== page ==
Most of all, wear your shoes regularly and don’t get too hung up on wrinkles and superficial scuffs. You don’t want to purposefully destroy your shoes — but just as raw denim looks good with honest wear, so does quality leather. 

(Photos via me, That One Guy, Mr. Moo, For the Discerning Few, and Andrew Chen)

Q & Answer: Fixing Holes or Tears in Tailored Clothing
Craig asks: I recently developed a small tear on the right side of my suit pants, and the place that made the suit no longer has the original fabric, so I can’t have another pair made (the suit was custom). Is there anything I can do besides throw these away? I’m open to anything, but would like to not throw good money after bad. 
One of the biggest myths about expensive clothes is that they’ll last you a lifetime. Some things last a while, to be sure, but no matter how well made, anything can develop a hole, snag, or tear. When these things happen with suits or sport coats, the best solution is usually to have the fabric “rewoven.”
That can mean one of two things. The first is what’s known as French reweaving or invisible reweaving, where individual strands of thread are woven into the original cloth. It’s sort of like what I recently had done on my sweater. In this way, the new threads are “filling in” the hole. 
The other technique is known as overweaving or inweaving. Here, a small patch is used to cover up the hole or tear, and then the frayed edges are woven into the suit in order to help conceal the patch. As you can guess, French reweaving tends to be good for small holes or tears, while inweaving is good for anything that’s too big to easily “fill.”
Note, any kind of repair can be seen if you look hard enough. The question is just how well it can be made to look “invisible.” Often times, such are repairs are very, very good and will be hard to detect, but a lot depends on the damage and fabric at hand. Generally speaking:
Darker colors are easier to work with, although for some reweavers, black is the hardest of all.
The finer the weave, the more difficult it is to repair (no surprise).
Solids are typically easier to work with than patterns, but a lot depends on the type of pattern that’s being compared.
Anything with synthetics will be hard to work with, if not impossible.
You mentioned that you had the suit custom made. In such cases, it’s sometimes a good to keep a little extra of the cloth, just for situations like this. Otherwise, the reweaver will have to take material from an inconspicuous place on your suit, or try to find a closely matching material somewhere on the market. Sometimes your tailor will keep a little extra of the original cloth (even if it’s not enough for a new pair of pants) and have a reweaver he or she can recommend. It’s best to check with them. Otherwise, search around for a reweaver. For what it’s worth, I’ve had good experiences sending sport coats to Best Weaving & Mending, and sending knitwear to The French American Reweaving Company.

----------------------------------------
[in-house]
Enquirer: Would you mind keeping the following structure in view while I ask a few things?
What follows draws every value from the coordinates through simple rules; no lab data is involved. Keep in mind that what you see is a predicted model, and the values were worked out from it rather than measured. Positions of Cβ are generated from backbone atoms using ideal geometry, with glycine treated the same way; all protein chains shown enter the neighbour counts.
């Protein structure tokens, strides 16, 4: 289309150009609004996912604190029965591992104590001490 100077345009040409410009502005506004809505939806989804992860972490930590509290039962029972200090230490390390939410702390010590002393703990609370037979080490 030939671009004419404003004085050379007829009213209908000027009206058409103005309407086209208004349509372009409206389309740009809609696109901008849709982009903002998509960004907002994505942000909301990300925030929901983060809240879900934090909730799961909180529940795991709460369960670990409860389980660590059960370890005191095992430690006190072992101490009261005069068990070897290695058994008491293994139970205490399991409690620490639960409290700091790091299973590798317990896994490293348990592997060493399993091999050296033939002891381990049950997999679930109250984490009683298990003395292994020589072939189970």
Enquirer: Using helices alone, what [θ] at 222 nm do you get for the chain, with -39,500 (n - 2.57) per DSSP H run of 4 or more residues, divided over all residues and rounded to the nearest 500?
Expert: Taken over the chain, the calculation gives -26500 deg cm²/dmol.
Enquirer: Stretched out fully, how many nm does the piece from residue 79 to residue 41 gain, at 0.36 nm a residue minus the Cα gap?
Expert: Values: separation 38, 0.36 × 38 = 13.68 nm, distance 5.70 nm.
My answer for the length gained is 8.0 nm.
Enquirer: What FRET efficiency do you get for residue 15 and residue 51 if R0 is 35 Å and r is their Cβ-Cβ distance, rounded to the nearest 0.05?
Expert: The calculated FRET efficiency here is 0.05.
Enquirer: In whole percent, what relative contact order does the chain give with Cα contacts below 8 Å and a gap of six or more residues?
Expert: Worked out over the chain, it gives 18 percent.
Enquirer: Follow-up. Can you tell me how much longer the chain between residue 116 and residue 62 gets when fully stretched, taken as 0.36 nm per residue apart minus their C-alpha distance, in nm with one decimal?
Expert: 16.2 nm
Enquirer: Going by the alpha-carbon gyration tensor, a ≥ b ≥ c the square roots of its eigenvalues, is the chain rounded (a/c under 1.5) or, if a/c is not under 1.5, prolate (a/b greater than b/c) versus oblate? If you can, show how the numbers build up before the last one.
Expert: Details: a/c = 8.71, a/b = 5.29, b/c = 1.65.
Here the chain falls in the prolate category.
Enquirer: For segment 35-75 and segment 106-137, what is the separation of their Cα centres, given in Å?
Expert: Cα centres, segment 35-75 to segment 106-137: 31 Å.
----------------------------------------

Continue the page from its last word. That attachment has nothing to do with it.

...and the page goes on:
Q & Answer: Fixing Holes or Tears in Tailored Clothing

Craig asks: I recently developed a small tear on the right side of my suit pants, and the place that made the suit no longer has the original fabric, so I can’t have another pair made (the suit was custom). Is there anything I can do besides throw these away? I’m open to anything, but would like to not throw good money after bad. 

One of the biggest myths about expensive clothes is that they’ll last you a lifetime. Some things last a while, to be sure, but no matter how well made, anything can develop a hole, snag, or tear. When these things happen with suits or sport coats, the best solution is usually to have the fabric “rewoven.”

That can mean one of two things. The first is what’s known as French reweaving or invisible reweaving, where individual strands of thread are woven into the original cloth. It’s sort of like what I recently had done on my sweater. In this way, the new threads are “filling in” the hole.

The other technique is known as overweaving or inweaving. Here, a small patch is used to cover up the hole or tear, and then the frayed edges are woven into the suit in order to help conceal the patch. As you can guess, French reweaving tends to be good for small holes or tears, while inweaving is good for anything that’s too big to easily “fill.”

Note, any kind of repair can be seen if you look hard enough. The question is just how well it can be made to look “invisible.” Often times, such are repairs are very, very good and will be hard to detect, but a lot depends on the damage and fabric at hand. Generally speaking:

  • Darker colors are easier to work with, although for some reweavers, black is the hardest of all.
  • The finer the weave, the more difficult it is to repair (no surprise).
  • Solids are typically easier to work with than patterns, but a lot depends on the type of pattern that’s being compared.
  • Anything with synthetics will be hard to work with, if not impossible.

You mentioned that you had the suit custom made. In such cases, it’s sometimes a good to keep a little extra of the cloth, just for situations like this. Otherwise, the reweaver will have to take material from an inconspicuous place on your suit, or try to find a closely matching material somewhere on the market. Sometimes your tailor will keep a little extra of the original cloth (even if it’s not enough for a new pair of pants) and have a reweaver he or she can recommend. It’s best to check with them. Otherwise, search around for a reweaver. For what it’s worth, I’ve had good experiences sending sport coats to Best Weaving & Mending, and sending knitwear to The French American Reweaving Company.

How I Learned to Stop Worrying and Love the Wear